Living in a small town can mean a lot of things. Some are happily comfortable and take pride in their town. Others view it as a prison that they have no idea how to escape. But for some folks an objectively quiet life can be the foundation for starting over and getting life back on track again. Many of the characters in The Spitfire Grill are in the process of starting over, and their onstage journey just began at the New Hazlett, presented by Front Porch Theatricals.
The show begins abruptly without any overture or fanfare. A lone light comes up on Percy Talbott (Lindsay Bayer), a young woman who was just released from prison after serving five years. She begins singing the opening number acapella; it’s a haunting number that hints at a dark past and some sort of hope for the future. As she sings and moves the rest of the cast take the stage in relative darkness, and slowly the set is formed around her. Percy has arrived in the small town of Gilead, Wisconsin where she is quickly hired to work at the best (and only) diner in town, the Spitfire Grill.
Things begin to unfold as the owner of the Grill, Hannah (Terry Wickline), hurts herself and it’s up to Percy to run the show for a while. Hannah’s nephew Caleb (Matthew J. Rush) thinks Percy means nothing good for his town, but his young wife Shelby (Erin Lindsey Krom) is more supportive and aids Percy in running the grill. Many plots start to form and questions arise: is Shelby and Caleb’s marriage a good one? Is there some sort of romance brewing between Percy and Shelby? What happened to Hannah in the past that made her and her nephew the way they are? Who is that homeless man that appears during scene changes who dances like no homeless person ever has?
By the time the second act is winding down it becomes clear that not all these questions are given satisfying answers. The relationship between Percy and Shelby is the strongest one onstage: they duet together, they playfully tease each other, they genuinely “get” each other better than anyone else does. It’s not that I needed them to wind up together, but it’s just disappointing to see their relationship be stronger than the romantic ones they have to settle with in the end. The backstories provide some general answers, but they also tend to raise more questions. They don’t get into it (probably for a reason) but the fact that Percy only got five years for her crimes is really puzzling. There are a few questions, some admittedly too specific, that I would want to ask the playwrights about.
But I have no questions for the cast and crew at Front Porch, who put together an excellent production despite a slightly flat script. Lindsay Bayer has the toughest job as Percy, a young woman who’s seen some seriously dark days in her past. While her portrayal isn’t as cold as it could be, her Percy seems defeated and has no idea what to do. Her final number “Shine” provides an uplifting resolution to her personality, and suggests that maybe Percy has found a way to be happy now.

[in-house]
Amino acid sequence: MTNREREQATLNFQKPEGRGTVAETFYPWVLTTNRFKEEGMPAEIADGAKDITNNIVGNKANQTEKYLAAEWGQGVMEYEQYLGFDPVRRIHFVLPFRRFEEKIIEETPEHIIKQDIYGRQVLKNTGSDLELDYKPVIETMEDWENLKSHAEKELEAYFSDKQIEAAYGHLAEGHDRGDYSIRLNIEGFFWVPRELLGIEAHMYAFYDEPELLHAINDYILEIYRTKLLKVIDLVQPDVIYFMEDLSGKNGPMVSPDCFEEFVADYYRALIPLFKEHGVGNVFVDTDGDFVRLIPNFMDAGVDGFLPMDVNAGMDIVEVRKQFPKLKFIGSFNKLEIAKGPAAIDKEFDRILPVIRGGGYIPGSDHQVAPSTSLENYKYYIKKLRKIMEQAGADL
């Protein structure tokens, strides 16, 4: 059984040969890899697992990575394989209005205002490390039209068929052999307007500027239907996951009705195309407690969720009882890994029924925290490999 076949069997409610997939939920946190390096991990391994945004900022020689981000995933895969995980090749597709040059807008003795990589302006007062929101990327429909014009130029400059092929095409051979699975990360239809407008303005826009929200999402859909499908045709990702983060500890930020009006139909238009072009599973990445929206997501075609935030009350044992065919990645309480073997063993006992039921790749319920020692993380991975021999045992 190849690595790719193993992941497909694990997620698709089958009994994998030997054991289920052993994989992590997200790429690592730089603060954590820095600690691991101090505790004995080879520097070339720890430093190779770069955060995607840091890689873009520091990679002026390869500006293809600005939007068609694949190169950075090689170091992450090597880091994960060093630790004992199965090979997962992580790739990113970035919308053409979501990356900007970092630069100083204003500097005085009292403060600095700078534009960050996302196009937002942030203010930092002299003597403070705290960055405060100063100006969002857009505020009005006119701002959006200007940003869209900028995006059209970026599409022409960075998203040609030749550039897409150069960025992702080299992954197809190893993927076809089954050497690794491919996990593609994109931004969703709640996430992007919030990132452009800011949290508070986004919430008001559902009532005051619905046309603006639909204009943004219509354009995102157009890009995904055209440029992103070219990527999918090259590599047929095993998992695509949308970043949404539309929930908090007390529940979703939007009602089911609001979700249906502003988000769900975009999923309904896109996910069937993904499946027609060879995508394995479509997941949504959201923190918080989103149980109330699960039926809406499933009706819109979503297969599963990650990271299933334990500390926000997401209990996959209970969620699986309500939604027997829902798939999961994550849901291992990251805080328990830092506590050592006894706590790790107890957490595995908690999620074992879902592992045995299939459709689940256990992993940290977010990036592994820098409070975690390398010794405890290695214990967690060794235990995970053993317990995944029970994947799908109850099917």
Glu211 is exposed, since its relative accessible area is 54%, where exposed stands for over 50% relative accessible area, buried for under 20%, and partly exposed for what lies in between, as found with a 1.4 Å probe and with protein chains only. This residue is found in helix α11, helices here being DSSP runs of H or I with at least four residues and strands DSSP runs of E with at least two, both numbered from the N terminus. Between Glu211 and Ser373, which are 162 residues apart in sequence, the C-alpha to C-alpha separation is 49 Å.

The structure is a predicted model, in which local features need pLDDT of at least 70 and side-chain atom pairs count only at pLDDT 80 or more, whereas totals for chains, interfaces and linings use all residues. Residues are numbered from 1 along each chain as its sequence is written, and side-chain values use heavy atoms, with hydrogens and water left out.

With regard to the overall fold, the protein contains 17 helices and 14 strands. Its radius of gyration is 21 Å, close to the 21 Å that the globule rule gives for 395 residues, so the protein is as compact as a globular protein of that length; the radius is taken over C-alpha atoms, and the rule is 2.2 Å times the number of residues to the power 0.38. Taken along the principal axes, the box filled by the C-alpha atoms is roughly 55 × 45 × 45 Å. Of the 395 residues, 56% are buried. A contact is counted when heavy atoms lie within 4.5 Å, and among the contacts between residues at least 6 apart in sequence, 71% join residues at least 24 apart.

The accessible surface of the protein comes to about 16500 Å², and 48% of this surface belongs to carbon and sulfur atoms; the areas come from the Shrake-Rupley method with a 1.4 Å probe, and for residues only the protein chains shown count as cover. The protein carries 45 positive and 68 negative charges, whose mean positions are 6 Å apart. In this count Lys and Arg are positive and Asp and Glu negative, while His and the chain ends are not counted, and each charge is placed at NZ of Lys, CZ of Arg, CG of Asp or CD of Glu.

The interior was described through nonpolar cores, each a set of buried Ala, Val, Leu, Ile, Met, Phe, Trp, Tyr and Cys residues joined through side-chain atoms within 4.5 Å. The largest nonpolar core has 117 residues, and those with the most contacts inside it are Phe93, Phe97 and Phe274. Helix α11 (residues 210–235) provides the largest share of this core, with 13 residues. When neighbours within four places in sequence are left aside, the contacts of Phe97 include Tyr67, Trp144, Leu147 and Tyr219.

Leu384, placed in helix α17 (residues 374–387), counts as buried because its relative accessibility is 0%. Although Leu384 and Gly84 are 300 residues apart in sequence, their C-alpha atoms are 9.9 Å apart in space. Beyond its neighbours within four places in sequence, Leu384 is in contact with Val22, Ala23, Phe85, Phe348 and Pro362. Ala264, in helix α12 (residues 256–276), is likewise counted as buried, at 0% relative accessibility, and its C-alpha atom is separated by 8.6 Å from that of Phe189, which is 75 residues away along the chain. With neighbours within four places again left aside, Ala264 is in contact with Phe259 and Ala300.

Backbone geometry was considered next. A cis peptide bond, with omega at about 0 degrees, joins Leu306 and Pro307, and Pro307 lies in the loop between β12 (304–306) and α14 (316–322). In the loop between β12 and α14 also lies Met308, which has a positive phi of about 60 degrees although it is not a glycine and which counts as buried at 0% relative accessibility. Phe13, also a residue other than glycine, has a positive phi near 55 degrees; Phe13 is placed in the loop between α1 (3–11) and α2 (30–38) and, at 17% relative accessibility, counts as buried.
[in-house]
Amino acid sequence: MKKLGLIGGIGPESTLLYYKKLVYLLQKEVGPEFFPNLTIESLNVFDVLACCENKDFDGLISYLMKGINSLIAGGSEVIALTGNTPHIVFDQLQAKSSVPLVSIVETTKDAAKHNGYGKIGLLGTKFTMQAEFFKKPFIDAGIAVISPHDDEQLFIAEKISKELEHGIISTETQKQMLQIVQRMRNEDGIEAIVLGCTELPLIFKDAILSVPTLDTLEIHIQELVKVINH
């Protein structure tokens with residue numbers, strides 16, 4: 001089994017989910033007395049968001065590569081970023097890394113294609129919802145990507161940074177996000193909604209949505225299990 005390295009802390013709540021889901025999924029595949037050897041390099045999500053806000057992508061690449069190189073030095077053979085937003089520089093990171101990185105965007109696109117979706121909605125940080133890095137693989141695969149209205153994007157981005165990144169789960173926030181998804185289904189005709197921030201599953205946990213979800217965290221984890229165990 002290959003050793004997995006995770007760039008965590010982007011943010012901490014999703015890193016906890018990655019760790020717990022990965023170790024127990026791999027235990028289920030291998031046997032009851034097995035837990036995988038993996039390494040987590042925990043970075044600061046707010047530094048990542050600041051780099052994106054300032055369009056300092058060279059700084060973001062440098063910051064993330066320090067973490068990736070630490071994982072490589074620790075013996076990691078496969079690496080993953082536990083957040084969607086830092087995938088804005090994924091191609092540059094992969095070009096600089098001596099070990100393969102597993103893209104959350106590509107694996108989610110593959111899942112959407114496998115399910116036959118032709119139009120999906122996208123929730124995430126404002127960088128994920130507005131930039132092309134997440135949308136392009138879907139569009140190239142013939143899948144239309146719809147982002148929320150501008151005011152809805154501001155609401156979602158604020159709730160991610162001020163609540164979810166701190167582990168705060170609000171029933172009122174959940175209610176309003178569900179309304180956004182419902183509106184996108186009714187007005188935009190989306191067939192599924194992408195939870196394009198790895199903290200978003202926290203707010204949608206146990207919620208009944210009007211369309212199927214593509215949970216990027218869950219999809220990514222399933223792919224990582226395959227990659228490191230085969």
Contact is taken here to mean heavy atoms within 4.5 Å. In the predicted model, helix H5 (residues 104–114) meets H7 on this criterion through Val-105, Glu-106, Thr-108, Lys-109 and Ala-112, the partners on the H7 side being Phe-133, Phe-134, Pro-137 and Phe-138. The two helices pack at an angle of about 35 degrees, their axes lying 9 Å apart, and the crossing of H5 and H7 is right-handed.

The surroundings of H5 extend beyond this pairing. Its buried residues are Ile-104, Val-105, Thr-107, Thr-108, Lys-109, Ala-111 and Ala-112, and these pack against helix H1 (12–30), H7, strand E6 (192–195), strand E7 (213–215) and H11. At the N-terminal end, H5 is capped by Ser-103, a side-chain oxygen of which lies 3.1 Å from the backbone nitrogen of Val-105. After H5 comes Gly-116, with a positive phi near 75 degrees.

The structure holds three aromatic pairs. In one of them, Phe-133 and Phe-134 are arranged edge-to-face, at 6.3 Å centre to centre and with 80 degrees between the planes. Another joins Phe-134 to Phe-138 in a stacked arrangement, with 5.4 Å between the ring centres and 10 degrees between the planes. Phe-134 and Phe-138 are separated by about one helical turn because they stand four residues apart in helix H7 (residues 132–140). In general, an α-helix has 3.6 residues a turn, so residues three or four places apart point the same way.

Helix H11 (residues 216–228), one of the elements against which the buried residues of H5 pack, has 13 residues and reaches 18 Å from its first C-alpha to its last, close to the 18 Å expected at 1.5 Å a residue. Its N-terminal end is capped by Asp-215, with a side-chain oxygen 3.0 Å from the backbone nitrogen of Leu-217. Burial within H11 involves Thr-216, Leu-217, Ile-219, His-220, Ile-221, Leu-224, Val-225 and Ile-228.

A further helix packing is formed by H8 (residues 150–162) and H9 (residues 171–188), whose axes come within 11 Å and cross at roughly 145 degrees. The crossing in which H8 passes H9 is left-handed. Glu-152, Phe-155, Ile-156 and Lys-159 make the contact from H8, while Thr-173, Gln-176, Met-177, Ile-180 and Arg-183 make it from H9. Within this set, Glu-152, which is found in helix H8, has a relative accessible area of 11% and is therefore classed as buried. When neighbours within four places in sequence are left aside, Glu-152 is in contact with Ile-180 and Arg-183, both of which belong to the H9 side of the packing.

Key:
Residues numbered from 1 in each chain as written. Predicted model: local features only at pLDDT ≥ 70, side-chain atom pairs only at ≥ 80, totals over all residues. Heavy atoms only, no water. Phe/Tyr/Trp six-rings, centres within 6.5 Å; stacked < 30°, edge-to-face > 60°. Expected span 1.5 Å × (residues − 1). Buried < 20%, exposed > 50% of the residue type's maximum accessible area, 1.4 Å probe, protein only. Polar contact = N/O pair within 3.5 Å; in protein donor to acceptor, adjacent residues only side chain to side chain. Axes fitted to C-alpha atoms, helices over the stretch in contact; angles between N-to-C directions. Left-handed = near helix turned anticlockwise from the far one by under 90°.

The music dominates most of the show, with non-singing book scenes lasting shorter than you’d expect. The standard folk/bluegrass score is paired with the more classically-sounding vocals of the cast. There are a few standout numbers, like the opening or “Ice and Snow”, sung by Caleb, the sheriff (Clay Singer), and town busybody Effy (Becki Toth). But as a whole the songs tend to not differentiate much from each other, and almost all of them have to deal with a character reflecting on the past. It gets a little repetitive. And speaking of repetitive, it also felt the writing team struggled towards the end of their songwriting and decided “let’s just have them repeat the same line again and again”. It happens multiple times and it gets old fast, particularly in “The Colors of Paradise”.
The Spitfire Grill is ultimately a story about redemption. Percy and Hannah have each done things they regret, and through knowing each other they take steps towards bettering their life. The musical tells this story, although clutters it up a bit with a few other threads that don’t flesh out. Front Porch Theatricals has, per usual, assembled an excellent cast and creative team and have produced a very well done show.
The Spitfire Grill
Presented by Front Porch Theatricals
Directed by Rachel M. Stevens
Written by James Valcq (music/book) and Fred Alley (lyrics/book)
Designed by Lindsey B. Mayer (scenery), Kim Brown (costumes), Andrew David Ostrowski (lighting), Angela Baughman (sound)
Starring Lindsay Bayer (Percy Talbot), Erin Lindsey Krom (Shelby Thorpe), Michael Petrucci (The Visitor), Matthew J. Rush (Caleb Thorpe), Clay Singer (Joe Sutter), Becki Toth (Effy Krayneck), Terry Wickline (Hannah Ferguson)
Special thanks to Front Porch Theatricals for complimentary press tickets. The Spitfire Grill runs at the New Hazlett through June 5. Tickets and more information can be found here.
Categories: Archived Reviews